High blood pressure, or hypertension, affects around one in three adults in the UK, with most of those people not even realising it.
Although high blood pressure rarely has noticeable symptoms, if left untreated, your risk of more serious conditions like Stroke or heart disease increases.
The only way of knowing if you have high blood pressure is to have a test, and all adults over 40 are advised to get checked every five years. Normal blood pressure is 120/80 mm Hg or lower, and high blood pressure is 130/80 mm Hg or higher. If your blood pressure is in the middle, you fall into the category of elevated blood pressure.
There are two numbers to look for when it comes to measuring your blood pressure. Systolic pressure measures the pressure created when the heart muscle contracts and pumps oxygen-rich blood into your blood vessels. Diastolic pressure measures the pressure on the blood vessels when the heart muscle relaxes.
Here, we take a look at the importance of keeping your blood pressure in check, and some of the natural ways to reduce it.
EIGHT NATURAL WAYS TO REDUCE BLOOD PRESSURE
Your blood pressure is important because all your body’s major organs, cells and muscles receive oxygen and nutrients from your blood. A strong, regular heartbeat will help blood flow around your body as it should, to keep all your essential functions working correctly.
However, if you have heart or circulatory problems, such as narrowed blood vessels or a weaker heartbeat, it will make it harder for blood to be pumped around your body. Over time, this could lead to damage to your cells and organs, because they aren’t receiving the oxygen, nutrition and fuel they need to grow.
Eating a healthy diet and keeping yourself fit and active will help improve your heart and circulatory health while cutting back on junk food, smoking and alcohol will also help keep your blood pressure in the right region. Some of the ways you can reduce your blood pressure naturally include:
It’s fair to say, regular exercise aids and improves many health problems, and high blood pressure is one of them. Regular physical activity, whether it’s hitting the gym or getting your 10,000 daily steps in, all increase your heart rate. Over time, your heart becomes stronger which means less work is needed for the blood to be pumped around your body.
Maintain a healthy weight
If you’re overweight, losing a few pounds will not only help reduce your blood pressure, it will also lower the risk of developing other medical problems too. Any type of weight loss should be done properly and will take time, talk to your doctor or nutrition specialists to create a weight management plan that works for you.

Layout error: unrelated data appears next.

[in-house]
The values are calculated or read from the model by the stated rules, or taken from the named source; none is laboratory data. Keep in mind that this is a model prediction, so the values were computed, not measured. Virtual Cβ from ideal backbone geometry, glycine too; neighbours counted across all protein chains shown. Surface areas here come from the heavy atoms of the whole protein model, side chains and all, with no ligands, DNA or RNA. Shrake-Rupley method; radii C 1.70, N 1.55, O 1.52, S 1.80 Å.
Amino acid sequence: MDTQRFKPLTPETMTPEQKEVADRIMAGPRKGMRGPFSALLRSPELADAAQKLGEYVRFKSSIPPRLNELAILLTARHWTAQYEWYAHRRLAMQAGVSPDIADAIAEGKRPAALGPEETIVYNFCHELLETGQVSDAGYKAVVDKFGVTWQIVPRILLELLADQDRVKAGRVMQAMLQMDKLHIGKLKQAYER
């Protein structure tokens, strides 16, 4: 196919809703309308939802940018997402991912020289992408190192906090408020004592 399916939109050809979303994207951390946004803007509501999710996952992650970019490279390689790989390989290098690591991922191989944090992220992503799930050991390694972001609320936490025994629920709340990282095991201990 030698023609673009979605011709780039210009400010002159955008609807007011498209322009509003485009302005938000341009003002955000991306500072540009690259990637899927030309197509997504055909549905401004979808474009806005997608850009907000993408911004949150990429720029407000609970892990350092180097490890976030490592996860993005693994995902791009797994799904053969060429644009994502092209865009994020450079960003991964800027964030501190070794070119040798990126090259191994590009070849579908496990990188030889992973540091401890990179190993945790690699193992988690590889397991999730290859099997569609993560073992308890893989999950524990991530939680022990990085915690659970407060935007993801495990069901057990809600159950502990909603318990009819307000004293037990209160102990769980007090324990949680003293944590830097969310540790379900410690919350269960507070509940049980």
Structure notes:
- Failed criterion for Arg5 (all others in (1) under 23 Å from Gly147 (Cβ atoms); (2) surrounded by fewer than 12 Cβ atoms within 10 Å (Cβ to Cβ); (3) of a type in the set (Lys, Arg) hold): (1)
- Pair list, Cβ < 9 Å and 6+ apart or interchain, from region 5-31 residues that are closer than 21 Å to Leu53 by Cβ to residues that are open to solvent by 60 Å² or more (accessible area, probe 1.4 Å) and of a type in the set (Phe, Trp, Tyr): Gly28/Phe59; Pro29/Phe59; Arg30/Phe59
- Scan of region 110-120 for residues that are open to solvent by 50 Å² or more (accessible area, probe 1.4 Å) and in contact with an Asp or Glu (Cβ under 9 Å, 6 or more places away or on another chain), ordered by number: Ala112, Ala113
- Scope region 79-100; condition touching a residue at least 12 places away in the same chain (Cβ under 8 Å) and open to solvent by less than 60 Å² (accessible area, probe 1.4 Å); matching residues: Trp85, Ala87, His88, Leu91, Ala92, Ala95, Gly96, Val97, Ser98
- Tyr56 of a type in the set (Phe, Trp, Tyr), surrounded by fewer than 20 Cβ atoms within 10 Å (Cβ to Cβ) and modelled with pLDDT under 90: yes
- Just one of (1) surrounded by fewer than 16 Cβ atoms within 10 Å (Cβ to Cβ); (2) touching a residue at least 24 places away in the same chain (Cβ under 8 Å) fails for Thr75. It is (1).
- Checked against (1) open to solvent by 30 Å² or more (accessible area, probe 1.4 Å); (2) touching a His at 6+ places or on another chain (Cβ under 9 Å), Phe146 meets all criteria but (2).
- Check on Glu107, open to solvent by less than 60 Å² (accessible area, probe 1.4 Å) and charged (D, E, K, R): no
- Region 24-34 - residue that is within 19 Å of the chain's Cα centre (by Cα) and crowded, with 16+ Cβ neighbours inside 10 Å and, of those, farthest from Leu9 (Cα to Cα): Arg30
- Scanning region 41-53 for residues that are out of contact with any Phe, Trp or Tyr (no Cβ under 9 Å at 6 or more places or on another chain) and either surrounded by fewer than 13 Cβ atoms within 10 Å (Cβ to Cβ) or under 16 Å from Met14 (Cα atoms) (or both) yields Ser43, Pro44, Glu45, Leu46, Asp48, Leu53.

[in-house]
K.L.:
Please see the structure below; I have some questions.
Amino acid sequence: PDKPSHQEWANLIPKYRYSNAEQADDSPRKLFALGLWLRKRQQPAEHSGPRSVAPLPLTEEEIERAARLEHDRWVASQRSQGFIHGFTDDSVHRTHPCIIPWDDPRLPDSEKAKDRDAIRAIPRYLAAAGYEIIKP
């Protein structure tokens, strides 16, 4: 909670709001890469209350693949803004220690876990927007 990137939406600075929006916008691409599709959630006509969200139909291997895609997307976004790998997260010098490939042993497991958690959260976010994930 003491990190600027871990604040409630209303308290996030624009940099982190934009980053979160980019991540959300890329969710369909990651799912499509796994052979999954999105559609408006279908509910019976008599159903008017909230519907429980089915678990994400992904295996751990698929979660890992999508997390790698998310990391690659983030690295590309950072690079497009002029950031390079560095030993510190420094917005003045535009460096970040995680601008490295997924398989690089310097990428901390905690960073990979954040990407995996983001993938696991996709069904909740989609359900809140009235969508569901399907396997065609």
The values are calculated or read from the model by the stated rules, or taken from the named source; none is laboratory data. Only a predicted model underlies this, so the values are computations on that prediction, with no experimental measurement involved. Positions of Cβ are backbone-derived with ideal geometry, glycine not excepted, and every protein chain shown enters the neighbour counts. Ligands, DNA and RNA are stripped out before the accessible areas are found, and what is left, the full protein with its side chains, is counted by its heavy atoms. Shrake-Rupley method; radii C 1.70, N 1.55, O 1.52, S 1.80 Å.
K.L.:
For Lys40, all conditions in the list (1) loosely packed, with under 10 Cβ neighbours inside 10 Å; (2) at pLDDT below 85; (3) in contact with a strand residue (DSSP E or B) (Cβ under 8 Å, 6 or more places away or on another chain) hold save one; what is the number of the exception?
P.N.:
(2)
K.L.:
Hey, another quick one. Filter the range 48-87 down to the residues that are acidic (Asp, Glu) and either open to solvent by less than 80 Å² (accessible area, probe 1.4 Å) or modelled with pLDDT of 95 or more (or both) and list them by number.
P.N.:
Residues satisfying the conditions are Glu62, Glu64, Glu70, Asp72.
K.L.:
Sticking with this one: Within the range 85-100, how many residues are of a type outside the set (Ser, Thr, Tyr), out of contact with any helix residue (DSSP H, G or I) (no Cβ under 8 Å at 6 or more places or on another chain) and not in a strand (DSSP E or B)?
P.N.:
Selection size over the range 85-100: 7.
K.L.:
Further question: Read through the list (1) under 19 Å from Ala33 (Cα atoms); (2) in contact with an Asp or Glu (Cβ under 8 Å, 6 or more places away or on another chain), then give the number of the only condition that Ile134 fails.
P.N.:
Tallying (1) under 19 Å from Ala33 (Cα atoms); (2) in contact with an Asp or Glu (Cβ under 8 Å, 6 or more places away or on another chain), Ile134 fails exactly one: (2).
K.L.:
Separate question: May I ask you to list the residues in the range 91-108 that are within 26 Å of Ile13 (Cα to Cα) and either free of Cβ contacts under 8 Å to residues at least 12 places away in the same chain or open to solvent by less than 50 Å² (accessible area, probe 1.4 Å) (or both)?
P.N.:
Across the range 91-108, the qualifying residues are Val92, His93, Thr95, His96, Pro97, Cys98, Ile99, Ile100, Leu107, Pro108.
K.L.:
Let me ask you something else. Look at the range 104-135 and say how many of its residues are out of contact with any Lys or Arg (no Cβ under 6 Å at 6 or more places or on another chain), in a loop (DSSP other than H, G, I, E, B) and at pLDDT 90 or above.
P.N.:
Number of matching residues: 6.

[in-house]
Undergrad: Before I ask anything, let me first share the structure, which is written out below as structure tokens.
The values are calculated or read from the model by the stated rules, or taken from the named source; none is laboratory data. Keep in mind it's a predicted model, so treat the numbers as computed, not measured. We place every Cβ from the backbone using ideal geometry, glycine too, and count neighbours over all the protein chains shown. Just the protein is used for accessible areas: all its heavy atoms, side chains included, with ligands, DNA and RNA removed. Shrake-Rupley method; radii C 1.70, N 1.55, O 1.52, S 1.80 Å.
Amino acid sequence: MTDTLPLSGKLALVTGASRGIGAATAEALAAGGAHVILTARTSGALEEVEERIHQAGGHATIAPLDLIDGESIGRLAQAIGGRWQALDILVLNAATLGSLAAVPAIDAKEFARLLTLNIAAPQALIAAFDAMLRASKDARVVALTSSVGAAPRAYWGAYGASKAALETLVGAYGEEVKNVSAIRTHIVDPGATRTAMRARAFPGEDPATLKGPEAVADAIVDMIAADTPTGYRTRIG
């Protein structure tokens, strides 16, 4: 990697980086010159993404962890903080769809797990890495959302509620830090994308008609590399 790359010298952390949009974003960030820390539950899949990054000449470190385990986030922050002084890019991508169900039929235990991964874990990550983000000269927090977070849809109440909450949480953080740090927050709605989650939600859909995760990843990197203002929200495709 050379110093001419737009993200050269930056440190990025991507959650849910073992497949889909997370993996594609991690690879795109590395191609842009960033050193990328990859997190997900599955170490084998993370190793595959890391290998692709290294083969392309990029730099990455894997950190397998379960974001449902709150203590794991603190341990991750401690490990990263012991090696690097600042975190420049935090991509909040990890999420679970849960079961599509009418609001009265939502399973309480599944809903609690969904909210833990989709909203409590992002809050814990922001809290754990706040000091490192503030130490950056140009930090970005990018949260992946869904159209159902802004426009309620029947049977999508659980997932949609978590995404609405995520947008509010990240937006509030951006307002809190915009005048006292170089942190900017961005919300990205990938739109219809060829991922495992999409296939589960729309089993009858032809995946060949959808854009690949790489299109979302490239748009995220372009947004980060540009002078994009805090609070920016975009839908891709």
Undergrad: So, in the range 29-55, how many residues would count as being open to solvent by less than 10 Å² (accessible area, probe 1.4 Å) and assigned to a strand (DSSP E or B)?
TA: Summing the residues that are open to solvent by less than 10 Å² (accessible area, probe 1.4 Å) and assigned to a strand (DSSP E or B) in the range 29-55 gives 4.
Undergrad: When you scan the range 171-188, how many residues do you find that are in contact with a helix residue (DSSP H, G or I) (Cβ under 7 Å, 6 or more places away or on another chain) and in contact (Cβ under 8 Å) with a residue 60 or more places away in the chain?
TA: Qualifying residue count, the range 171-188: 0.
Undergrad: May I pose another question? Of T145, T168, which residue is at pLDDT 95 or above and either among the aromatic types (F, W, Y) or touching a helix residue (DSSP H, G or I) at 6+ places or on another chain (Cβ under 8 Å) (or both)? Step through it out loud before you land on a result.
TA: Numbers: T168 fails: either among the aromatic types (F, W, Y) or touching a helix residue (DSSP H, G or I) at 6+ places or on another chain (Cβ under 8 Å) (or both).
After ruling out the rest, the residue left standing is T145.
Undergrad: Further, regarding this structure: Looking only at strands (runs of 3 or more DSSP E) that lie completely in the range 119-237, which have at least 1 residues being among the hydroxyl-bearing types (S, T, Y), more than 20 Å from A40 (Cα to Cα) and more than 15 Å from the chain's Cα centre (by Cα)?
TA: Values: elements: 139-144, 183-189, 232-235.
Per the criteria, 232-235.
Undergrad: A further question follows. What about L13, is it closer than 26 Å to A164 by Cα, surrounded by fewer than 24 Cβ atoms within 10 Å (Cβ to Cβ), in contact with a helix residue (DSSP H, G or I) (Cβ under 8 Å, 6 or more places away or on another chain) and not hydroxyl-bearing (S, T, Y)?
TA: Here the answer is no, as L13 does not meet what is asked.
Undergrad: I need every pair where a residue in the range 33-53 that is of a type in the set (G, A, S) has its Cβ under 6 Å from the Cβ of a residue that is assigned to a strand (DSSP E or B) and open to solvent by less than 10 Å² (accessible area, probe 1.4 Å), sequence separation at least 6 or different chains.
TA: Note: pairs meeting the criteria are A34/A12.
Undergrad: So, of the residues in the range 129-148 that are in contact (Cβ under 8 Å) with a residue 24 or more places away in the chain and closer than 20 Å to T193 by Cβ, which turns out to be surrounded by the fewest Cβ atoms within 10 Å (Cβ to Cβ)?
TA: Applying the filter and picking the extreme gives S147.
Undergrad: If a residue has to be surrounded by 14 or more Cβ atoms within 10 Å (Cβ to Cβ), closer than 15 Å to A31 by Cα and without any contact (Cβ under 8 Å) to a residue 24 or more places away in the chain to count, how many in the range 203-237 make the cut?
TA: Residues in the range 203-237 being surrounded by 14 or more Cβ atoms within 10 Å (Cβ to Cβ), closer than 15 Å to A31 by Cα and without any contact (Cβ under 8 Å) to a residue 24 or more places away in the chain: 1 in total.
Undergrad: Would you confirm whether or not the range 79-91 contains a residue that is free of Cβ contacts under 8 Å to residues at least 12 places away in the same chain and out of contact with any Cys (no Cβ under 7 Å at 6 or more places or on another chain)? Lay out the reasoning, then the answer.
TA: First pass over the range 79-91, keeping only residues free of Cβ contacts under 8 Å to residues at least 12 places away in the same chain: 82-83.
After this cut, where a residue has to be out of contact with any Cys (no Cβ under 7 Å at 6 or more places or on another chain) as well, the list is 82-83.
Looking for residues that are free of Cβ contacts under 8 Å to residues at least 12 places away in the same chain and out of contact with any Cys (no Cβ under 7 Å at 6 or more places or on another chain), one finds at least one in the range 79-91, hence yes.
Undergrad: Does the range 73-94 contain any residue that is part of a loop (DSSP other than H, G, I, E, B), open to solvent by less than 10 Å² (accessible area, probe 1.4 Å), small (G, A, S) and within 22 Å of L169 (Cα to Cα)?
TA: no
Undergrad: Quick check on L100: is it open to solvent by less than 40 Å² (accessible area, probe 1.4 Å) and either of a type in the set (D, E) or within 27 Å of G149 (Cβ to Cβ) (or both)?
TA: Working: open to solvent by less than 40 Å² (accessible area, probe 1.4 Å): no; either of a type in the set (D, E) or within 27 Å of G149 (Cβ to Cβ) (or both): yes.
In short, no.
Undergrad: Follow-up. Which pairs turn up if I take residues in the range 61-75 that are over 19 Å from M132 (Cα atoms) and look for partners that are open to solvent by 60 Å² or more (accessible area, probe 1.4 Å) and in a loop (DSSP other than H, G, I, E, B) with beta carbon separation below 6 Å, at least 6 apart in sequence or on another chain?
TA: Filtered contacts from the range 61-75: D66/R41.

Balance your diet
A diet that’s full of fruits, grains, vegetables and low-fat and low-salt products will help lower your blood pressure. Keeping a food diary to monitor what you eat will show what and where you can cut out foods that aren’t so good for you.
Even if you’re the epitome of health, alcohol can raise your blood pressure. Drinking in moderation is, of course, fine and most of us like the odd tipple every now and then. It’s when drinking more than what is recommended that alcohol affects your blood pressure as well as having other more long-term effects on your health.
Avoid processed foods
Cutting down on the number of processed foods you consume will mean you eat less salt, sugar and refined carbohydrates. Shopping ‘smarter’ by reading nutrition labels on foods will also help in reducing your salt intake and in turn, lower your blood pressure.
Kicking that smoking habit will improve your health overall, both physically and mentally. The chemicals in tobacco damage the blood vessel walls causing inflammation and the narrowing of your arteries. It’s the hardened arteries that cause higher blood pressure.
Mindfulness and meditation have long been shown to reduce symptoms of stress which in turn, can lower your blood pressure. Practising yoga each morning, even if it’s just for a few minutes, will make you feel relaxed and more at ease before the day ahead. Try burning your favourite aromatherapy essential oil to set the right mood.
Eat more potassium
Including more potassium in your diet will ease the tension in your blood vessels. Foods such as bananas, fish, and spinach are all high in potassium. It should be noted that too much potassium can be harmful to people with kidney disease, so always talk with your doctor before making these changes.
Your heart is your body’s most important organ, which makes looking after it essential. It keeps your blood pumping as it should to make sure your cells, tissues, muscles and other organs get the oxygen they need to function as they should.
So, to feel happy and healthy, looking after your heart and keeping your blood pressure in check should be a top priority. There are many ways to do this. Your diet, exercise and lifestyle choices will go a long way to keeping your heart in tip-top condition.
So, too, will choosing natural, nutritional supplements from Lily & Loaf that can help you maintain a happy, healthy heart. Our vegan-friendly Circulate capsules comprise a premium natural formulation, including l-arginine, ginkgo biloba and CoQ10, to support a healthy circulatory system. And our CoQ10 Ubiquinone capsules have powerful antioxidant properties that protect cells and help generate energy for the parts of the body with high requirements, like the muscles and the heart.